Kyle Park longing for love at Schroeder Hall
By by melissa firstname.lastname@example.org
Nov. 14, 2012 at 5:14 a.m.
Texas is ripe with country stars, but making it to that stage isn't easy.
Kyle Park, a 27-year-old Austin singer/songwriter, took a break from recording his new album to discuss musical musings, lost love and how it all comes together to make his style of country.
WHAT ARE YOUR THOUGHTS ON LOVE?
By all means, not every love song I write is about a relationship I've been in. Sometimes, it's about situations with friends of mine. It's like writing a book - I think if I were this character, how would I feel. It's not like I got burned and I'm telling the world about it. There are certainly songs that way, but not all of them.
I could be writing about floating the river, drinking beer or riding horses. I just feel like love never gets old. Everyone's interested in love: cowboys, gangsters and businessmen.
SO WHAT'S YOUR FAVORITE?
My favorite love song is on the new album, "Like Nobody Will." The lyric I love is: "I may be a nobody, but I'll love you like nobody will."
HOW IS THE NEW ALBUM COMING?
I finally have a name for it, which is good since I've been writing it for six months. It's called "Begging for More." ...The last thing she wants is that boy to be a dog, but there's that one case where she wants him to beg.
The album has 13 songs. There's one song I wrote at least five years ago that I finally recorded, and one I still haven't finished yet. I'll probably finish it today. It's called "True Love." It's a real life event, that's why I'm taking so long finishing it. Once it's recorded, it's out there forever.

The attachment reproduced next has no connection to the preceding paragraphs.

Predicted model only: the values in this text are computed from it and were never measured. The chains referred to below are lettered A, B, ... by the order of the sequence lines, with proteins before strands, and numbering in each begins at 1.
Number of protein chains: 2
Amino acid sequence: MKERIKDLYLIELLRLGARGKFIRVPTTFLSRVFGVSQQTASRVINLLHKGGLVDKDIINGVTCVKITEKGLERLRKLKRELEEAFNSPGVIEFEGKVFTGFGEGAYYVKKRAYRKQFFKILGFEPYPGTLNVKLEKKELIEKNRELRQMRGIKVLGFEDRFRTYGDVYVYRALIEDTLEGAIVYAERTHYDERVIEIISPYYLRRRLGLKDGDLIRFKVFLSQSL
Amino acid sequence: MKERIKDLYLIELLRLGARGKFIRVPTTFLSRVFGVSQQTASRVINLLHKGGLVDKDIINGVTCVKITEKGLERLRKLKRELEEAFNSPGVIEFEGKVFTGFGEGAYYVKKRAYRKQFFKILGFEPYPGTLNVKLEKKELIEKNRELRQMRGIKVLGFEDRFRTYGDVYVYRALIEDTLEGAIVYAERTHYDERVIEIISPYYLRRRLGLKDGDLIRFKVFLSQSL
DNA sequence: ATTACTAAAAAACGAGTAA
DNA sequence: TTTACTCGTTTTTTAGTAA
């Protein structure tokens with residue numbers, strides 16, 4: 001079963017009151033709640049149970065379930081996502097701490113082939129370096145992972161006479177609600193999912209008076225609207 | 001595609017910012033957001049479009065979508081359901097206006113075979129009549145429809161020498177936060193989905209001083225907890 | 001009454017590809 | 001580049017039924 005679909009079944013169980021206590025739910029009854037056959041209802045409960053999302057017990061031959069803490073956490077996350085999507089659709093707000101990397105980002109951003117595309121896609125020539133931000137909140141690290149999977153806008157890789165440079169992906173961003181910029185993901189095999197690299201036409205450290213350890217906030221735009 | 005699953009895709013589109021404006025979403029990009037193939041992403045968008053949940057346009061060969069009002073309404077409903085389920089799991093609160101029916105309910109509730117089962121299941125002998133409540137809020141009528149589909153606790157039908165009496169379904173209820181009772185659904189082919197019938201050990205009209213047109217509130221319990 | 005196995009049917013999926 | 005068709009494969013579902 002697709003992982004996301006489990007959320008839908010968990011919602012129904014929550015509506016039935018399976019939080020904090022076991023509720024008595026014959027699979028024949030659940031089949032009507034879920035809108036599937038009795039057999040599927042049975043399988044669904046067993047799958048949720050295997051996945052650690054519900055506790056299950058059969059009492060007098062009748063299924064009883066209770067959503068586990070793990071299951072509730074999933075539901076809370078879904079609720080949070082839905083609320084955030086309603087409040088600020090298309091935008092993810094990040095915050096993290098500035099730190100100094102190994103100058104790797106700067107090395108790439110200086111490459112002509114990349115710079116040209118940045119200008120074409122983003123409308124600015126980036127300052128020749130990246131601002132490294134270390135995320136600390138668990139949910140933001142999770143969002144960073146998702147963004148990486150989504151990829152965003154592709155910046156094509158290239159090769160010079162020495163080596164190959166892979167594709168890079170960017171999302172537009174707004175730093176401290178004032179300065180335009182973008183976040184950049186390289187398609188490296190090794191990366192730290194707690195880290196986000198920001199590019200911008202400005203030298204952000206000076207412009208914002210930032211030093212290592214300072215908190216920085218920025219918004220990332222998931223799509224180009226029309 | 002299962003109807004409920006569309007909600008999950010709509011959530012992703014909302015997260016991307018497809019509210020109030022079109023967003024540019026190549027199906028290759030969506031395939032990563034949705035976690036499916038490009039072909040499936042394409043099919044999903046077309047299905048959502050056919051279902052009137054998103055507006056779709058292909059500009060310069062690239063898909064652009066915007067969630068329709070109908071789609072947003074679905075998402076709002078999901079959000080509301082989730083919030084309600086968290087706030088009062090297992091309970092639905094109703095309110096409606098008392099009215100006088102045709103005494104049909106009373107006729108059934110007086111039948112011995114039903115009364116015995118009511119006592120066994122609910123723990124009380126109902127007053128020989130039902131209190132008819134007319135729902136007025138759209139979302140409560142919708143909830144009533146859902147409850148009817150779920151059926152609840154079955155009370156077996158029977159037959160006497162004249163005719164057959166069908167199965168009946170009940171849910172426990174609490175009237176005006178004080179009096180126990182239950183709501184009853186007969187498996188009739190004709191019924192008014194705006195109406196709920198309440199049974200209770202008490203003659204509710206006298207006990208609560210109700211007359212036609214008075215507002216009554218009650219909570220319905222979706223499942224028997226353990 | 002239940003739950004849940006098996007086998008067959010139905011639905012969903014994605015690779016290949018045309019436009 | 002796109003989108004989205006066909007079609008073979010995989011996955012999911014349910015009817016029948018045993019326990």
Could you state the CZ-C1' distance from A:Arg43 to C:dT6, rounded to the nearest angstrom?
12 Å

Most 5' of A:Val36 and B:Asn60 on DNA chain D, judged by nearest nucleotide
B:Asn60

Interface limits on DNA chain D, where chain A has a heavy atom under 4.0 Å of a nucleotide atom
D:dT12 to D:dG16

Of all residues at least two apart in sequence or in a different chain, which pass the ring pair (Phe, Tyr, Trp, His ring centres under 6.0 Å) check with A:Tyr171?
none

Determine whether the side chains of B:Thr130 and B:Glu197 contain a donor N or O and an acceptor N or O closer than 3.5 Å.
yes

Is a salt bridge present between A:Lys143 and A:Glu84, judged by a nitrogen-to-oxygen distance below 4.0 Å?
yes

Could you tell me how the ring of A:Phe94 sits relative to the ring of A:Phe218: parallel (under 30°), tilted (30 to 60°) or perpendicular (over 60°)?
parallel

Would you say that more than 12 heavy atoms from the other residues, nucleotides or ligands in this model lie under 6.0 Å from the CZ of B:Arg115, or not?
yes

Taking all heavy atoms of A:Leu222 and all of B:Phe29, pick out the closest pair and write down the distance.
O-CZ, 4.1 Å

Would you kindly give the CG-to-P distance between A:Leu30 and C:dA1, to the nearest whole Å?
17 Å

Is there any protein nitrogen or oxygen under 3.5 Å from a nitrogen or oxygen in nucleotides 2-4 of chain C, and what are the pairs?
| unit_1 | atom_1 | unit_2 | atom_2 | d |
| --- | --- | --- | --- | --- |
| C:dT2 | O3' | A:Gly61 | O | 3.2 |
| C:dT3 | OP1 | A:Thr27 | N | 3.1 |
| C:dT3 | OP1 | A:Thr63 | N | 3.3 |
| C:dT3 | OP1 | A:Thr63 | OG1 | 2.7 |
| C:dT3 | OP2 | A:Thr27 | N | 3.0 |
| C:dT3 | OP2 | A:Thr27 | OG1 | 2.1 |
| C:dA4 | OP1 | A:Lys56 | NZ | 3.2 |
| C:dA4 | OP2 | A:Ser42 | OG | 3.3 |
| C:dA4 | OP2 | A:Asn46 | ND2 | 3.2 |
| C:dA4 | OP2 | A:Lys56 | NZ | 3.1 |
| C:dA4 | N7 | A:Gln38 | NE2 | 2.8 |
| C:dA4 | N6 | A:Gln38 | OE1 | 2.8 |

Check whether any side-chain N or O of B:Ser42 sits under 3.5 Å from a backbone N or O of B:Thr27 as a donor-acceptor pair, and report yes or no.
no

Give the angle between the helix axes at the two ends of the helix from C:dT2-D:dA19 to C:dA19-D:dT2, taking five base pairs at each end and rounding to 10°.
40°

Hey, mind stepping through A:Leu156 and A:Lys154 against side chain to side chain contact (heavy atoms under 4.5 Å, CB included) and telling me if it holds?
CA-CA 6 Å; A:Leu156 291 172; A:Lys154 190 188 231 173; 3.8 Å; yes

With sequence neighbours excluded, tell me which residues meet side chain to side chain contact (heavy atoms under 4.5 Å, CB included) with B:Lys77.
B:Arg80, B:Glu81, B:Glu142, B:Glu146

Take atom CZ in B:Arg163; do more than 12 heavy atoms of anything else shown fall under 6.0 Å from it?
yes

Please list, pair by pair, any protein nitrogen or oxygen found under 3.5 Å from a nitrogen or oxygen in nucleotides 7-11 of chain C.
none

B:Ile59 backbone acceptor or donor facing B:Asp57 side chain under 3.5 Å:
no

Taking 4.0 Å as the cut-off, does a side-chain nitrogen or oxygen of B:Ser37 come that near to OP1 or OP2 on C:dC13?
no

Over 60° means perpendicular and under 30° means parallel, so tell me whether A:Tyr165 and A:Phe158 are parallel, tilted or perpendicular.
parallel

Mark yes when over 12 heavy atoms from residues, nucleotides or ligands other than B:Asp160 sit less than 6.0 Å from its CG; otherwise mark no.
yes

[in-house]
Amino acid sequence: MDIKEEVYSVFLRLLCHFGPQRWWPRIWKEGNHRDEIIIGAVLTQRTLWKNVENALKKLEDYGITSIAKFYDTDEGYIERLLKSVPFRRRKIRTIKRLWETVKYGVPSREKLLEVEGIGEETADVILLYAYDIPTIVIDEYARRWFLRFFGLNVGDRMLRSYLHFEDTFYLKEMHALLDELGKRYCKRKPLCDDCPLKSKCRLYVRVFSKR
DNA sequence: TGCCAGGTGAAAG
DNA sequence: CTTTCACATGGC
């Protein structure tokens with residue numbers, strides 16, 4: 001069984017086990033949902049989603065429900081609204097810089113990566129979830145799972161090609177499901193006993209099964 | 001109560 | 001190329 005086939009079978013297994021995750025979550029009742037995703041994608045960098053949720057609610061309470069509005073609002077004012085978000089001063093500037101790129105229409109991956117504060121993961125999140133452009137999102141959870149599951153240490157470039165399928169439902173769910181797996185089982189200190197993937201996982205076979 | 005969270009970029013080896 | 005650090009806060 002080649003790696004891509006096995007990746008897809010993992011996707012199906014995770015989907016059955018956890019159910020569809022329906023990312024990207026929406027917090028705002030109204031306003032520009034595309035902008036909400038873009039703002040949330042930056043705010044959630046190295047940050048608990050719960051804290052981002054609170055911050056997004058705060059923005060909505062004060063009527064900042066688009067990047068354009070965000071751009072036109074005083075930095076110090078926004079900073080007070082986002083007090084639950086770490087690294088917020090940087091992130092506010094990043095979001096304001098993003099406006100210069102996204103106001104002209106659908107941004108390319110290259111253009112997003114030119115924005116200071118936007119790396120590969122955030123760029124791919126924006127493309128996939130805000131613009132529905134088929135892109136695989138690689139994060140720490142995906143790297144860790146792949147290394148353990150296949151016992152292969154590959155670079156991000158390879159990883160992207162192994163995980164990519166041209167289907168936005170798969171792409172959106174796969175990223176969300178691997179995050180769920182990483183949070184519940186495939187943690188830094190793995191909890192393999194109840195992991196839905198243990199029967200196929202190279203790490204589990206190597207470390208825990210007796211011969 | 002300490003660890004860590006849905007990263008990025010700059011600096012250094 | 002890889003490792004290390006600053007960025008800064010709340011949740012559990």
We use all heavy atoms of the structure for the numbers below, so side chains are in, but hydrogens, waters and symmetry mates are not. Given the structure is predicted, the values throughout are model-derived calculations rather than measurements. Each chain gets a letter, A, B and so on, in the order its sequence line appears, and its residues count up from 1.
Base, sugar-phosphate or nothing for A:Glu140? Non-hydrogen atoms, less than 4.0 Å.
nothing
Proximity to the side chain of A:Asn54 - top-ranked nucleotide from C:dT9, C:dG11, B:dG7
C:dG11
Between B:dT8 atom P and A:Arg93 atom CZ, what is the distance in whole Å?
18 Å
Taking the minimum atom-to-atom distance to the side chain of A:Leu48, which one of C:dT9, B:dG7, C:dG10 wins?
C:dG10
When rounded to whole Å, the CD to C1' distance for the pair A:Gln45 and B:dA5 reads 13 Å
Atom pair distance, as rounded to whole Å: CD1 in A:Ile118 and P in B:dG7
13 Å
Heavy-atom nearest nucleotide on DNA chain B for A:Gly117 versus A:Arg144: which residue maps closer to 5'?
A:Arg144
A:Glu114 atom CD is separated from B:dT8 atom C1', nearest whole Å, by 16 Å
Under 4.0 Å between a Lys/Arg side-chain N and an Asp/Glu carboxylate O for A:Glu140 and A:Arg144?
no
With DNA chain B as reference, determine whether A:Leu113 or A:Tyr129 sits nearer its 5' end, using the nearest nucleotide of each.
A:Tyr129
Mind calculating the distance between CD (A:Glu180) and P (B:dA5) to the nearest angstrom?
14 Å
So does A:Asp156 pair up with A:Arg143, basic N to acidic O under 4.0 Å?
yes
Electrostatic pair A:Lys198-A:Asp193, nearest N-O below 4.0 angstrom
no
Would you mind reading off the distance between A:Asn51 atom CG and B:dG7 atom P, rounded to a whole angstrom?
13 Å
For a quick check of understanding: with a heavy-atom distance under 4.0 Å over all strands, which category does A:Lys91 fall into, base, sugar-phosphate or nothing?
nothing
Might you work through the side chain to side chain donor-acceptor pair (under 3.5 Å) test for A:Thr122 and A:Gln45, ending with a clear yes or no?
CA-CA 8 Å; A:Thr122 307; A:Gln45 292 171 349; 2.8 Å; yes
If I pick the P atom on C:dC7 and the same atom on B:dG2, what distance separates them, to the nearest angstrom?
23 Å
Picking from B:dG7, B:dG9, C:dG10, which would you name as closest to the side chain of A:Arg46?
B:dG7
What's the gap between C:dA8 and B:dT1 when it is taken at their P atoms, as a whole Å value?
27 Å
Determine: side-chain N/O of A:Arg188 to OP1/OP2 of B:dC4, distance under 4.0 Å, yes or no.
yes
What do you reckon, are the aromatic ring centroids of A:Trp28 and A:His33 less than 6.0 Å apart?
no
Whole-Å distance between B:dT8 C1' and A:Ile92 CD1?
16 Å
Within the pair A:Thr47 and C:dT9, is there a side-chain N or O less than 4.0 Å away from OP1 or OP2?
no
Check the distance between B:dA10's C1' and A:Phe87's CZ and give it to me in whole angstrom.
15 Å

I can't tell you all my secrets, but the first line goes, "I never saw true love coming. How could I?"
YOU STARTED PLAYING BARS BEFORE YOU COULD DRIVE?
It wasn't like I was in the bars when I was 15. When I was a kid, I played once or twice a month. I had to quit baseball in high school because I had too many shows and the games were always Friday nights. I said, 'Coach, I can't make the games because I have a gig.' I knew I wasn't going to be a professional baseball player. I think I made the right choice.
HOW DOES THE OUTCOME OF THE ELECTION AFFECT YOU?
I really haven't given it much thought. I've always been told that when times are good, it's good to be in the bar business. When times are bad, it's good to be in the bar business.
WHAT'S YOUR MUSICAL OR STYLISTIC BACKGROUND?
I never wrote a song with the intention of someone else singing it. When I was a kid, a good friend of mine could play anything like Stevie Ray Vaughan, note-for-note. But someone said we already had a Stevie Ray Vaughan. That hit me. I was 16 at the time, so I've always tried to be myself.
I don't know how much I sound like them, the way I sing or enunciate. My favorites are George Strait, Clint Black, Merle Haggard, Lyle Lovett. But I don't think I sound like those guys. You're supposed to sound like yourself.
YOU'RE NO STRANGER TO SCHROEDER HALL?
I've been playing at Schroeder Hall for probably four years now. I just love the owners of the club.
We've played some cool stages and we've been to some cool places. It's always an honor and pleasure to be there. There's always a great, young crowd up in front of the stage partying with us.
The most fun I have in life is the hour and a half I have on stage singing and performing ... touching people's lives with the words I write.
WHAT'S YOUR NEXT STEP?
I want to be able to play as far away as I can from my home city. That's the level of being a better artist - you can travel away from home and have great crowds. Right now we play everywhere in Texas, we've played the Midwest, the East Coast, we've played in Alaska and Europe. You just have to imagine the little snowball going down the hill.